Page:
Historical events are often created by the youth daring to strive for change and articulate new vision for the world through organized groups or movements. The Eritrean struggle for independence is an example. Youth in their twenties organized themselves into political movements with a singular vision of an independent Eritrea.
At global scale, many young people around the world joined movements against various oppressions such as the Apartheid regime in South Africa or the Vietnam War. The children of the 1960s guided those movements. Many of those young people of the 60s, actually, stood up for the Eritrean cause. One of them, Dr. Toni Locher, founder and president of the Swiss Support Committee for Eritrea (SUKE), was a revolutionary student whose heart was touched by the Eritrean cause more than forty years ago.
In the 1970s, after a visit to Addis Ababa, Dr. Toni came across Eritrean students and workers. “I remember a taxi driver from Eritrea who told me that he sent more than a third of his income to the front”, said Dr. Toni. It was the first time that he met young people of his age who were determined to support the Eritrean liberation movement the best way they could. This determination to fight for their rights fascinated Dr. Toni, a young medical student. The young student, at that time, came from a modest family living in the mountainous village of Southern Switzerland where he cultivated a sense of compassion and willingness to help and be a voice of the oppressed.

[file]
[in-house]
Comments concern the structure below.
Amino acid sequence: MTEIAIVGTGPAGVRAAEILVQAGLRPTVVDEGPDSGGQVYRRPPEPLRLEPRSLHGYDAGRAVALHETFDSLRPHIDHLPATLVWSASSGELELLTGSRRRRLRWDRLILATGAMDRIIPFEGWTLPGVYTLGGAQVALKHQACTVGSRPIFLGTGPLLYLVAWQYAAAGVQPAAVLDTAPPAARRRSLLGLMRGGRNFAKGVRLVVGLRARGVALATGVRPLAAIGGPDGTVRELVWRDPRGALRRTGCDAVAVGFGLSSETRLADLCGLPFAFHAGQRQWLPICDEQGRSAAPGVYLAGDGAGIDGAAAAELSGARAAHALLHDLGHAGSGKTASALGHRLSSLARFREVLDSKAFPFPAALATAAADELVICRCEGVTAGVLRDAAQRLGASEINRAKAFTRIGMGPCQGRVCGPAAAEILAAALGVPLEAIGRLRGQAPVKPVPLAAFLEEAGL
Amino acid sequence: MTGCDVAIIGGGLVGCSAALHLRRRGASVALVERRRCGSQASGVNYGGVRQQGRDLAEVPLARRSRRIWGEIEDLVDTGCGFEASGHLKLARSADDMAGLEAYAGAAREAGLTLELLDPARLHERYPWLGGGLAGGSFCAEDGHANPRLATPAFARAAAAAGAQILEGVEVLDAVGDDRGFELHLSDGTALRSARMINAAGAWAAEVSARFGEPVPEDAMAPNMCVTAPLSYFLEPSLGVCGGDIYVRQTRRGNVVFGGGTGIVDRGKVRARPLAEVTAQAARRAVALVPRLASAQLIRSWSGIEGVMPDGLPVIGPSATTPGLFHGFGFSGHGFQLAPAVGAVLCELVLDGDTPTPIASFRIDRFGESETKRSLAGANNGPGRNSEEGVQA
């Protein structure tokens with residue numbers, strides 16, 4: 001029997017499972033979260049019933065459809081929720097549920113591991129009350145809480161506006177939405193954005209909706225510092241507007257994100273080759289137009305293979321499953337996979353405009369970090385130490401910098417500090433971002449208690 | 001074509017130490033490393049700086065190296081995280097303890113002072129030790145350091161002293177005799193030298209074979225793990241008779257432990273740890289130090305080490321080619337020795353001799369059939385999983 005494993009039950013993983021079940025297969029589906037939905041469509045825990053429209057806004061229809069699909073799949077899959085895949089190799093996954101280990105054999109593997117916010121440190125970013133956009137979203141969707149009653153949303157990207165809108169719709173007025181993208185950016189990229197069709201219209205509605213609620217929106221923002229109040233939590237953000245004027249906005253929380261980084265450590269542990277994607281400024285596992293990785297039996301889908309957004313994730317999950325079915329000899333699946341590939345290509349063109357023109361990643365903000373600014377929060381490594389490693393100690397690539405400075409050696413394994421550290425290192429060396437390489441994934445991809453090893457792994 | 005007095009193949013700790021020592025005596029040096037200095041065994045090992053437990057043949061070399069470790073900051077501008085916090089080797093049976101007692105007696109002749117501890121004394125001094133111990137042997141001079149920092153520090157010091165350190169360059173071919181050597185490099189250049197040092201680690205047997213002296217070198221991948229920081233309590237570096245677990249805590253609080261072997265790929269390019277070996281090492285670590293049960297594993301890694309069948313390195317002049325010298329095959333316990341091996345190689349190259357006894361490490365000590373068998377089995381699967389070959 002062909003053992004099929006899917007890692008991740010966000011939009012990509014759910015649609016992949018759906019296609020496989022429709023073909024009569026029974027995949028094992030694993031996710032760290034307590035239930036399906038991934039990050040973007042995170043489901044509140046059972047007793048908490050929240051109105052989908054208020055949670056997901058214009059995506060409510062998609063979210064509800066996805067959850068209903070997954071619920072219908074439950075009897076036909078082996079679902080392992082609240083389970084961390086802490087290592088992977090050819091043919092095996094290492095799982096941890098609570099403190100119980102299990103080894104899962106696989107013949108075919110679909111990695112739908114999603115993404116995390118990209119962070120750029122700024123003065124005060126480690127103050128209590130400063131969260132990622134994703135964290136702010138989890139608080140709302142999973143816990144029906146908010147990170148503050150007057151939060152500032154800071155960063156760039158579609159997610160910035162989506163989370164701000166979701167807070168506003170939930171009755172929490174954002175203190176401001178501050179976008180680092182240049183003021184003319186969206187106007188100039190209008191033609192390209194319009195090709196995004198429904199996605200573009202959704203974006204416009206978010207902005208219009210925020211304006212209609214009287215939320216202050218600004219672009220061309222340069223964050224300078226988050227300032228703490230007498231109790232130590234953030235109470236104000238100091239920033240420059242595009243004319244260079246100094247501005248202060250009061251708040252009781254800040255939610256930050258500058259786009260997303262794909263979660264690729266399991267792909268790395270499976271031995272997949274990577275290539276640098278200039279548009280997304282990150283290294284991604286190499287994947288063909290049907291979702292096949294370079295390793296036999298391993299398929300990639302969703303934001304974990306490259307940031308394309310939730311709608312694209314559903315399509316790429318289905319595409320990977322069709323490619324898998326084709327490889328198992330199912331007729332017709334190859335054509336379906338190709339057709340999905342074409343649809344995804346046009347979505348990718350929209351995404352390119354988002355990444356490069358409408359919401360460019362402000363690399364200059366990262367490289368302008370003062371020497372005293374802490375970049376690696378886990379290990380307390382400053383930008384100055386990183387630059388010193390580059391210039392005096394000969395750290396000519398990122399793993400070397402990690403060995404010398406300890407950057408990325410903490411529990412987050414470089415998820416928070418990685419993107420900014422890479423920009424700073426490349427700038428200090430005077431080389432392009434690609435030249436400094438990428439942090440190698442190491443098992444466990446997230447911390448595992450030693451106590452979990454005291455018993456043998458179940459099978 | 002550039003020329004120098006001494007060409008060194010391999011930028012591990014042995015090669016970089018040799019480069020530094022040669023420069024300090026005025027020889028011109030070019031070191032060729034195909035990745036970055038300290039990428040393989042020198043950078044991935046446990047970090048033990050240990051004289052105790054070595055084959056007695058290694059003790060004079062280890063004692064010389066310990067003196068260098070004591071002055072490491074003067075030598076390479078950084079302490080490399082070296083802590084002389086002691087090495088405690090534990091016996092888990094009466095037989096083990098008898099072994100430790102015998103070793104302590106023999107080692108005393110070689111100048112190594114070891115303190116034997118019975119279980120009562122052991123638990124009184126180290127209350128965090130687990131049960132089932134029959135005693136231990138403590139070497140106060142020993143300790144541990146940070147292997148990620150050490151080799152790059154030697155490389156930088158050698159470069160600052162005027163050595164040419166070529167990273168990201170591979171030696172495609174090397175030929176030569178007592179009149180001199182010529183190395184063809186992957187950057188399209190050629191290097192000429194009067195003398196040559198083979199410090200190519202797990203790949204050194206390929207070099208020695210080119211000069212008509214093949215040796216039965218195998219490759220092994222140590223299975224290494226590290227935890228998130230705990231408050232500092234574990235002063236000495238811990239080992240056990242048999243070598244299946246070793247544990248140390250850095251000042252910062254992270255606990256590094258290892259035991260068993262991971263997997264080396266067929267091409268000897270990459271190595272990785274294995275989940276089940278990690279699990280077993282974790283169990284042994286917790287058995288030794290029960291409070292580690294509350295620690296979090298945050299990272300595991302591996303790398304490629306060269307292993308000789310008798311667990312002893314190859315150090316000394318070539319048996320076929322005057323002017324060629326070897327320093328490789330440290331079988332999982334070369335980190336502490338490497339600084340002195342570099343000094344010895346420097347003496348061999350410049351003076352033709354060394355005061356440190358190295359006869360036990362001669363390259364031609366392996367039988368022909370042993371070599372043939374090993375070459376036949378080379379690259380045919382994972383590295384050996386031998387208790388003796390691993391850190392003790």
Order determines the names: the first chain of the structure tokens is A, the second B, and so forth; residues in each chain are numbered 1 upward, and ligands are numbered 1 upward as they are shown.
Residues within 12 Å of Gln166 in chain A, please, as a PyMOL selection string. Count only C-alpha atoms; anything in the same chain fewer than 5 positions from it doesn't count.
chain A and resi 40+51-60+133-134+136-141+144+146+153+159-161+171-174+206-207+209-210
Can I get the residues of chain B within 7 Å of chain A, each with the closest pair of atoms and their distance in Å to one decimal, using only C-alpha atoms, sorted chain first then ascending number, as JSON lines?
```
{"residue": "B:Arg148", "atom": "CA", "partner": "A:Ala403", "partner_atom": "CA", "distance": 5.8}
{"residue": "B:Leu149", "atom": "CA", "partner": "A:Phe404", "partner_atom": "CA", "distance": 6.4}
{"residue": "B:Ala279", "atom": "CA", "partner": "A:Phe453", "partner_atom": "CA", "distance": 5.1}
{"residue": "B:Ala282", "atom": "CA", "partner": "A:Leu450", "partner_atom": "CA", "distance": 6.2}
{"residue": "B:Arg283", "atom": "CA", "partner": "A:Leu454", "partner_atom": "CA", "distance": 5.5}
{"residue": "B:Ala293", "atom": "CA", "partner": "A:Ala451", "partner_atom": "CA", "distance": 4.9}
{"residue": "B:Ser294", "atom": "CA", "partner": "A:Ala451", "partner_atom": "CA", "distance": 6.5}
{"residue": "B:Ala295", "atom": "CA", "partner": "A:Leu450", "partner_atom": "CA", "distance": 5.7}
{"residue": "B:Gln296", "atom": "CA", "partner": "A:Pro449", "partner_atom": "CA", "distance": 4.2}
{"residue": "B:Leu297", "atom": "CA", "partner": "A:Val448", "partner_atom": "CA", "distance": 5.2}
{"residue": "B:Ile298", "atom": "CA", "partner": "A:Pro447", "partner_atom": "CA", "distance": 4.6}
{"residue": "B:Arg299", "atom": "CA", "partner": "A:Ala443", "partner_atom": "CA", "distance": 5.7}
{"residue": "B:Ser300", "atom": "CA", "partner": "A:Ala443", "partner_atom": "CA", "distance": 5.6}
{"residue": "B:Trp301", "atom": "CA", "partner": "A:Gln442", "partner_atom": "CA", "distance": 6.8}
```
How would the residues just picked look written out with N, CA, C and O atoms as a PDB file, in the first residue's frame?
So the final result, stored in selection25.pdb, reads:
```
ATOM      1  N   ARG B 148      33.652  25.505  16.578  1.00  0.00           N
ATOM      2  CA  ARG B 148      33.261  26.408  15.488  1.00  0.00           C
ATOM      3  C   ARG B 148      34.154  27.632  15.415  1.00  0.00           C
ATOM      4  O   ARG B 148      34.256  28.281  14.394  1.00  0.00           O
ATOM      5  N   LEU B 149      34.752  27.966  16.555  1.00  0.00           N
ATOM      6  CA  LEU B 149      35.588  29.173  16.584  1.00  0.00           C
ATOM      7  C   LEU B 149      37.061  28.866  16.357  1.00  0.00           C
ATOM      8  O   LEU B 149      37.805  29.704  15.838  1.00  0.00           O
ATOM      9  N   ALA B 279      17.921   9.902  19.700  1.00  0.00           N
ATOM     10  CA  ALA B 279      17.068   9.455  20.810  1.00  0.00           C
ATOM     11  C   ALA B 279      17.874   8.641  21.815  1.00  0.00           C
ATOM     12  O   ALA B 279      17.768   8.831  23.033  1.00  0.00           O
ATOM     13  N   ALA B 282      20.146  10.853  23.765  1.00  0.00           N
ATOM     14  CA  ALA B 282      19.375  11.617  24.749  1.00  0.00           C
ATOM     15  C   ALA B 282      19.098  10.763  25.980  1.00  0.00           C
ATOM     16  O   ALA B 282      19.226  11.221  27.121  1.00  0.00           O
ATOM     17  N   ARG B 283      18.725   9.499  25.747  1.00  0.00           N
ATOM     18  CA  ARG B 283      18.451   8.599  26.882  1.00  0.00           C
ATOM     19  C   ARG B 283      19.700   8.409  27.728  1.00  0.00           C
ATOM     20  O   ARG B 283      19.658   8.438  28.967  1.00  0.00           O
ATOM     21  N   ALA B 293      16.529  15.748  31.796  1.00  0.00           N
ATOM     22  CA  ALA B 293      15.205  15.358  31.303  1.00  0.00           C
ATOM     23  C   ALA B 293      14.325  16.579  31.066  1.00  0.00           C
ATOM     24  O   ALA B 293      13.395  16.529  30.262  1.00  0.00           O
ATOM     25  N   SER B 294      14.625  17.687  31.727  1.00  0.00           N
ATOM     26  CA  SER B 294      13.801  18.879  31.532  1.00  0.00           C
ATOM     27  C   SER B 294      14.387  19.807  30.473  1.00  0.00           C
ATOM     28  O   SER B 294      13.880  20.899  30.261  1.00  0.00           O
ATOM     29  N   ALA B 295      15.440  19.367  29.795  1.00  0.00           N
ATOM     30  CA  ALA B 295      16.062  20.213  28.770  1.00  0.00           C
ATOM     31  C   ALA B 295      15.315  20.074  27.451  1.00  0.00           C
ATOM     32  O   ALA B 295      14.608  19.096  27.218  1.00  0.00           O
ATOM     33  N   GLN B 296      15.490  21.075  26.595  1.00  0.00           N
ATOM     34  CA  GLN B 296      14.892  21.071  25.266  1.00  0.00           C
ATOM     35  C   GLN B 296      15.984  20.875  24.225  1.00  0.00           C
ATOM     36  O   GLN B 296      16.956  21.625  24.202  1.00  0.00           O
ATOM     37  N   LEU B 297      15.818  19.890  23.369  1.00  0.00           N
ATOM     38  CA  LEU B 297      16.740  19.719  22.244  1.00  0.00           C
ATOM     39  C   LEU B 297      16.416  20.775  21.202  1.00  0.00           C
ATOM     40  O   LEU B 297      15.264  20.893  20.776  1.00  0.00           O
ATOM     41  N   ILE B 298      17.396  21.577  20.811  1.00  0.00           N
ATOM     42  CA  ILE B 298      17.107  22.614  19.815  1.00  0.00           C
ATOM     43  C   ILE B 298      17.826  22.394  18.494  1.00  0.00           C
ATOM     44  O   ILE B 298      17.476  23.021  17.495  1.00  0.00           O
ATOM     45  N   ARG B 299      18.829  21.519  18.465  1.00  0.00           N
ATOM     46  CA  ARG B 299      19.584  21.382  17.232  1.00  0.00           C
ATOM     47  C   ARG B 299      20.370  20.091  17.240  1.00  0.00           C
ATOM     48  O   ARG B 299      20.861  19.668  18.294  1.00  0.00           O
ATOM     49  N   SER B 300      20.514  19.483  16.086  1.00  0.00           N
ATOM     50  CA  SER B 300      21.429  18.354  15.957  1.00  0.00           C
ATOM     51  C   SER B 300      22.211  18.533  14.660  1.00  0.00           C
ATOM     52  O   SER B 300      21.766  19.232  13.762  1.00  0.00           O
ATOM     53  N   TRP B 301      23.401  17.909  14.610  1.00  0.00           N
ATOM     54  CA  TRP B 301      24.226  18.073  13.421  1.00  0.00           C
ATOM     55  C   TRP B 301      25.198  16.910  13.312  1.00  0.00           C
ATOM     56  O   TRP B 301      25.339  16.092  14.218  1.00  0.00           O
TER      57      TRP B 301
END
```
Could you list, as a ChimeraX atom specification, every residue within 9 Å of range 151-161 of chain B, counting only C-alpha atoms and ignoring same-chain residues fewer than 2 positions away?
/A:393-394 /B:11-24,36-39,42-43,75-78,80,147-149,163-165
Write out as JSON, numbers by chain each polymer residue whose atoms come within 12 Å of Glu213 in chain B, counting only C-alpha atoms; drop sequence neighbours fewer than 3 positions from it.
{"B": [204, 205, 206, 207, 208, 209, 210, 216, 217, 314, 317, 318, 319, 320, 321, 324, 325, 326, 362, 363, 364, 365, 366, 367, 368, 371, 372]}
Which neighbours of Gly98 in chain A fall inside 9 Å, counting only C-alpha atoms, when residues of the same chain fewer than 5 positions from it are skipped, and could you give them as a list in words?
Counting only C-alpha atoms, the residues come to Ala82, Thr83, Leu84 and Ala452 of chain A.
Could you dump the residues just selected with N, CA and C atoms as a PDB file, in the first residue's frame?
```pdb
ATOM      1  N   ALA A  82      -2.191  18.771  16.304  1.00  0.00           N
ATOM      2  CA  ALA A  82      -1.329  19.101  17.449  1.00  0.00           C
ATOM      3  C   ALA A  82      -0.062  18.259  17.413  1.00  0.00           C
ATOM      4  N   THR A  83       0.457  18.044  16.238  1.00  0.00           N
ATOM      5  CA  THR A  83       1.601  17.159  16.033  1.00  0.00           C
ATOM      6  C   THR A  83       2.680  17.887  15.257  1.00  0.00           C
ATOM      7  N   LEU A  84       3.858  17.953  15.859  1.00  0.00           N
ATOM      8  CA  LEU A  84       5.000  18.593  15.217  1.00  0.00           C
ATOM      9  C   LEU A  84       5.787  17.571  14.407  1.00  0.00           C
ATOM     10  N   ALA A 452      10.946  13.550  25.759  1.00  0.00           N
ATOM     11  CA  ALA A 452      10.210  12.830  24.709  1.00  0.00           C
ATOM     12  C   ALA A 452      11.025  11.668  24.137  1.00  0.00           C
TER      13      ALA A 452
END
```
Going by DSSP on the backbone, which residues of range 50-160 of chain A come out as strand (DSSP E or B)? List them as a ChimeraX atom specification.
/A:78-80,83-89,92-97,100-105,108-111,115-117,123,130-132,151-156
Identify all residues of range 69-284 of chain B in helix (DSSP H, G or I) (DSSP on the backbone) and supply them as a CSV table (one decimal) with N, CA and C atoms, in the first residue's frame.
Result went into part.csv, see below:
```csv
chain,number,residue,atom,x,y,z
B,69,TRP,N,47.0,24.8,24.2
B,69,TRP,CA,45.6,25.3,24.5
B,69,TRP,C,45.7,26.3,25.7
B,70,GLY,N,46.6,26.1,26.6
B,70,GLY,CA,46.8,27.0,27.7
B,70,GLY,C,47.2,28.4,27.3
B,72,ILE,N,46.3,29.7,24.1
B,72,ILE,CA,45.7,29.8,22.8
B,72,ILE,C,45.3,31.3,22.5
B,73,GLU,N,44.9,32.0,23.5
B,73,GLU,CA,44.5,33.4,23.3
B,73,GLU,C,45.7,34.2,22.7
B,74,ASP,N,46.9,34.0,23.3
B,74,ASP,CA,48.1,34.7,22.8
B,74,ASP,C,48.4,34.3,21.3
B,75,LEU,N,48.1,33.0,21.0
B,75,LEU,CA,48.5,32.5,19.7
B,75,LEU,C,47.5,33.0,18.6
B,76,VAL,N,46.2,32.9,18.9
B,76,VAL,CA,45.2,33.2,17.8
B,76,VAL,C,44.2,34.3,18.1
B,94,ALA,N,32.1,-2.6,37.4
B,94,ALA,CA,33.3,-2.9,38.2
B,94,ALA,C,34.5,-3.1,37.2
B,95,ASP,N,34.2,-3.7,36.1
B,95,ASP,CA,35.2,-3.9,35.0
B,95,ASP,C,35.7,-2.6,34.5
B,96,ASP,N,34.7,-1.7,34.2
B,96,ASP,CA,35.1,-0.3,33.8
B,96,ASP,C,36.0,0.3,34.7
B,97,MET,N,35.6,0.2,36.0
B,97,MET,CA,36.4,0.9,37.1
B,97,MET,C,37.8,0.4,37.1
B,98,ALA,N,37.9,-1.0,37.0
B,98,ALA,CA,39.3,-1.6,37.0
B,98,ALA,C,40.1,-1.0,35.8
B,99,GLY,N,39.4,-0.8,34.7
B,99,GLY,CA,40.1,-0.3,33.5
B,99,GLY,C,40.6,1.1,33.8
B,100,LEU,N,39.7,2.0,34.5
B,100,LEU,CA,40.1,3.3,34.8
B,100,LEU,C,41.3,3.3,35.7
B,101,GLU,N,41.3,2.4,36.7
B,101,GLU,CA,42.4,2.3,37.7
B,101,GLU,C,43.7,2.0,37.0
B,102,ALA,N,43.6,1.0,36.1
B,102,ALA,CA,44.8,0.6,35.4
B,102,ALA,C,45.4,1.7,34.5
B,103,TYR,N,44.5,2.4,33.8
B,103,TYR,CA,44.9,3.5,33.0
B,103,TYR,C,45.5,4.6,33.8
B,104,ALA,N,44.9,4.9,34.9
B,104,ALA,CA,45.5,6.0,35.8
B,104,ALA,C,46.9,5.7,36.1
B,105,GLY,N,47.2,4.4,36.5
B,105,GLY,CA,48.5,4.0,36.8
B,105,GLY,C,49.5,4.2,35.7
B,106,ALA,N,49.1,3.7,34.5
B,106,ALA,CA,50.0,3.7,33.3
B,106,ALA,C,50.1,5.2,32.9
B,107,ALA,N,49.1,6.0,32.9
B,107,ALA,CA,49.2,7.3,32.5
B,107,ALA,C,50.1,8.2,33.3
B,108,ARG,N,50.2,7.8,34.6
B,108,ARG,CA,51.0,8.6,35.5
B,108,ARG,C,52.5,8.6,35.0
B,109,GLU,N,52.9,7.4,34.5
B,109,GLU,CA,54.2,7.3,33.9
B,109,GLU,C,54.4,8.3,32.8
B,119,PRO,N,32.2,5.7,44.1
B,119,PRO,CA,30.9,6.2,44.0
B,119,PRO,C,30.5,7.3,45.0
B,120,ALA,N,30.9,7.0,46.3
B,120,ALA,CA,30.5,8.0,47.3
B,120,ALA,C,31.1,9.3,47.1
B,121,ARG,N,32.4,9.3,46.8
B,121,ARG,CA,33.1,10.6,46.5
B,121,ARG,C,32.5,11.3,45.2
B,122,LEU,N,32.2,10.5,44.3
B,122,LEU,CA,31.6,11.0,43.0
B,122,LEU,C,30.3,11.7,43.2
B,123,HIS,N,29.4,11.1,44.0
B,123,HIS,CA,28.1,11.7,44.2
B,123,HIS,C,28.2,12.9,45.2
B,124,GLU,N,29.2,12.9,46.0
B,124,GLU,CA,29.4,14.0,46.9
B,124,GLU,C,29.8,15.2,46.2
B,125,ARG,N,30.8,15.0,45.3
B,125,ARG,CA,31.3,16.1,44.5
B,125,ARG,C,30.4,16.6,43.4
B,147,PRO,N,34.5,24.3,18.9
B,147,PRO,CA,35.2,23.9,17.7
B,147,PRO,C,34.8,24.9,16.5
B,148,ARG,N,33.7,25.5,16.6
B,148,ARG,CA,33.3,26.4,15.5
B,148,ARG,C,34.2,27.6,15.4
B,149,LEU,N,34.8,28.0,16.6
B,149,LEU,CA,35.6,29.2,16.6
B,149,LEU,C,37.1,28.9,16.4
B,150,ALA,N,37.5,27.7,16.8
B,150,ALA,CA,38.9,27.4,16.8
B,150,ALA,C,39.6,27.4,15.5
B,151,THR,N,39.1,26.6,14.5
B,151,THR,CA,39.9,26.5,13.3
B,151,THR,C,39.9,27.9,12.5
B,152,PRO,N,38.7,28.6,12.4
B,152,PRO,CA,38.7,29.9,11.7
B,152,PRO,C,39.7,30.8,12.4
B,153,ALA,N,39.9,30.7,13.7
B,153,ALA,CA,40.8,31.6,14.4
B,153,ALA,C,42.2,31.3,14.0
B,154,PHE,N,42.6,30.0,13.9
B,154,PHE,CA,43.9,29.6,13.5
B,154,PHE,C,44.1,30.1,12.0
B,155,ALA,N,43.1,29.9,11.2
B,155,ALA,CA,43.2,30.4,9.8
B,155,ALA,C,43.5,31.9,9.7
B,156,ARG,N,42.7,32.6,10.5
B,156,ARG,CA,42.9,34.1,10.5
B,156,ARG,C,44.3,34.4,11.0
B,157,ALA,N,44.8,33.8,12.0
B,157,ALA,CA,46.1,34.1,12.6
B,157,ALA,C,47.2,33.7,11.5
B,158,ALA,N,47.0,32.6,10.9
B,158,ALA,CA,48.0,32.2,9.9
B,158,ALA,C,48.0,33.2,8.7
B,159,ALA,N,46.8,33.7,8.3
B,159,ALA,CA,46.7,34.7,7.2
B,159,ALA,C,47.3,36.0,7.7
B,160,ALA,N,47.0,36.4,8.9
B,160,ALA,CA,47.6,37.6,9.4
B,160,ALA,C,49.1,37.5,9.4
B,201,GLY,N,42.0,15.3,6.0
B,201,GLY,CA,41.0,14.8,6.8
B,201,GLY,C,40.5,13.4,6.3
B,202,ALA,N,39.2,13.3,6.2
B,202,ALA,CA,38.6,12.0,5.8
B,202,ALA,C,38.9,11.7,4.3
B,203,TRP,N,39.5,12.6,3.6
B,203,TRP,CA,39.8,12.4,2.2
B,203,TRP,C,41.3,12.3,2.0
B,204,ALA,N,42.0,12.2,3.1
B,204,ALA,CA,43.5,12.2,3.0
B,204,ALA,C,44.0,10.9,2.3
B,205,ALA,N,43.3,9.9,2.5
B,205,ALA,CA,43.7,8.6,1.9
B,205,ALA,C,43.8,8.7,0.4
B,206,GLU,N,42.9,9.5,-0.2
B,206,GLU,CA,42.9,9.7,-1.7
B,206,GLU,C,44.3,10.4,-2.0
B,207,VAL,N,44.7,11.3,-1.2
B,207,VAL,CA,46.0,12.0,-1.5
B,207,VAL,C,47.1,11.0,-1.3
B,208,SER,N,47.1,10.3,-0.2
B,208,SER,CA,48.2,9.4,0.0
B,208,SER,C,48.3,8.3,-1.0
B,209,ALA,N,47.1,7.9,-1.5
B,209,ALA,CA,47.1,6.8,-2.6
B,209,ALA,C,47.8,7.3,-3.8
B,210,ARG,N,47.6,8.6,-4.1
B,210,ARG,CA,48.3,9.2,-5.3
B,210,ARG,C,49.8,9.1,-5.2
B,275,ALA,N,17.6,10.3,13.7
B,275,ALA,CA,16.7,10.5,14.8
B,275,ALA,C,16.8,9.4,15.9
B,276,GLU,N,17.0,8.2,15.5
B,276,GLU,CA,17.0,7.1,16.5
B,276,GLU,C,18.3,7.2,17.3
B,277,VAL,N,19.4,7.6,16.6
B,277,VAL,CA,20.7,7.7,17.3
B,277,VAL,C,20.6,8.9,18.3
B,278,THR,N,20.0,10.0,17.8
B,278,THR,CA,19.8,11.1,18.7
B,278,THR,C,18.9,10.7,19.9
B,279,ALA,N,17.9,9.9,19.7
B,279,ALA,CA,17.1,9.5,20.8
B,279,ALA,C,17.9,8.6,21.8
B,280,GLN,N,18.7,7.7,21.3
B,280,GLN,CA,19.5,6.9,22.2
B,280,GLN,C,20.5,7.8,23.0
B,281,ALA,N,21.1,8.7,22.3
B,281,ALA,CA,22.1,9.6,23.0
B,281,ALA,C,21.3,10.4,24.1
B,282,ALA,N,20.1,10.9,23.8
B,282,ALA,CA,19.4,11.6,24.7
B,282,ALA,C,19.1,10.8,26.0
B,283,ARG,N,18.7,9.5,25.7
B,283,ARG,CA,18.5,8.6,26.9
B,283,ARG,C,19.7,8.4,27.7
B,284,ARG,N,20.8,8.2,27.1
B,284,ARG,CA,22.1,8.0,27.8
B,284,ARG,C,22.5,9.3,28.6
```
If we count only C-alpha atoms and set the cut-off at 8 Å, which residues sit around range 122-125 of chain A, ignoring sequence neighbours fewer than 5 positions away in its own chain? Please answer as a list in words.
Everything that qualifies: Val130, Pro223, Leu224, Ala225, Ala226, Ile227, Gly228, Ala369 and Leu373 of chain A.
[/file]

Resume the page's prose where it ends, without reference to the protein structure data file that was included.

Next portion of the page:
During the armed struggle, the situation of Eritrea wasn’t well known in the world even less known to the Swiss. Nonetheless, youth movements who fought for social justice came across the armed struggle of Eritrea and soon, Dr. Toni and his colleagues decided to pay a visit to the liberated areas of Eritrea in July 1977.
It was an eye opener for these young Swiss people. Seeing the struggle, its strength and its well-organized movement for independence made it clear for Dr. Toni that the whole world was wrong to turn its back on Eritreans.
Quickly, upon return to Switzerland, Dr. Toni and his friends managed to finance a small column within a Swiss German newspaper to write and inform the general public on the Eritrean cause. In October of the same year, the Swiss Support Committee for Eritrea was formed at the capital city of Bern. The long journey of solidarity and friendship began officially. The little column in a journal grew and became a newsletter, which continues until this day to inform its more than 5100 regular donors and members.
Activities started swiftly. Diaspora- Eritreans and friends of Eritrea were working hand-in-hand in raising awareness of the public through demonstrations, writing leaflets, selling goods on the cold winter-streets of Zurich to raise funds and sending goods to the EPLF liberated areas. Assistance grew after the Ethiopian bombing of Eritrean villages by napalm. Nobody except SUKE raised voices about it in the Swiss media.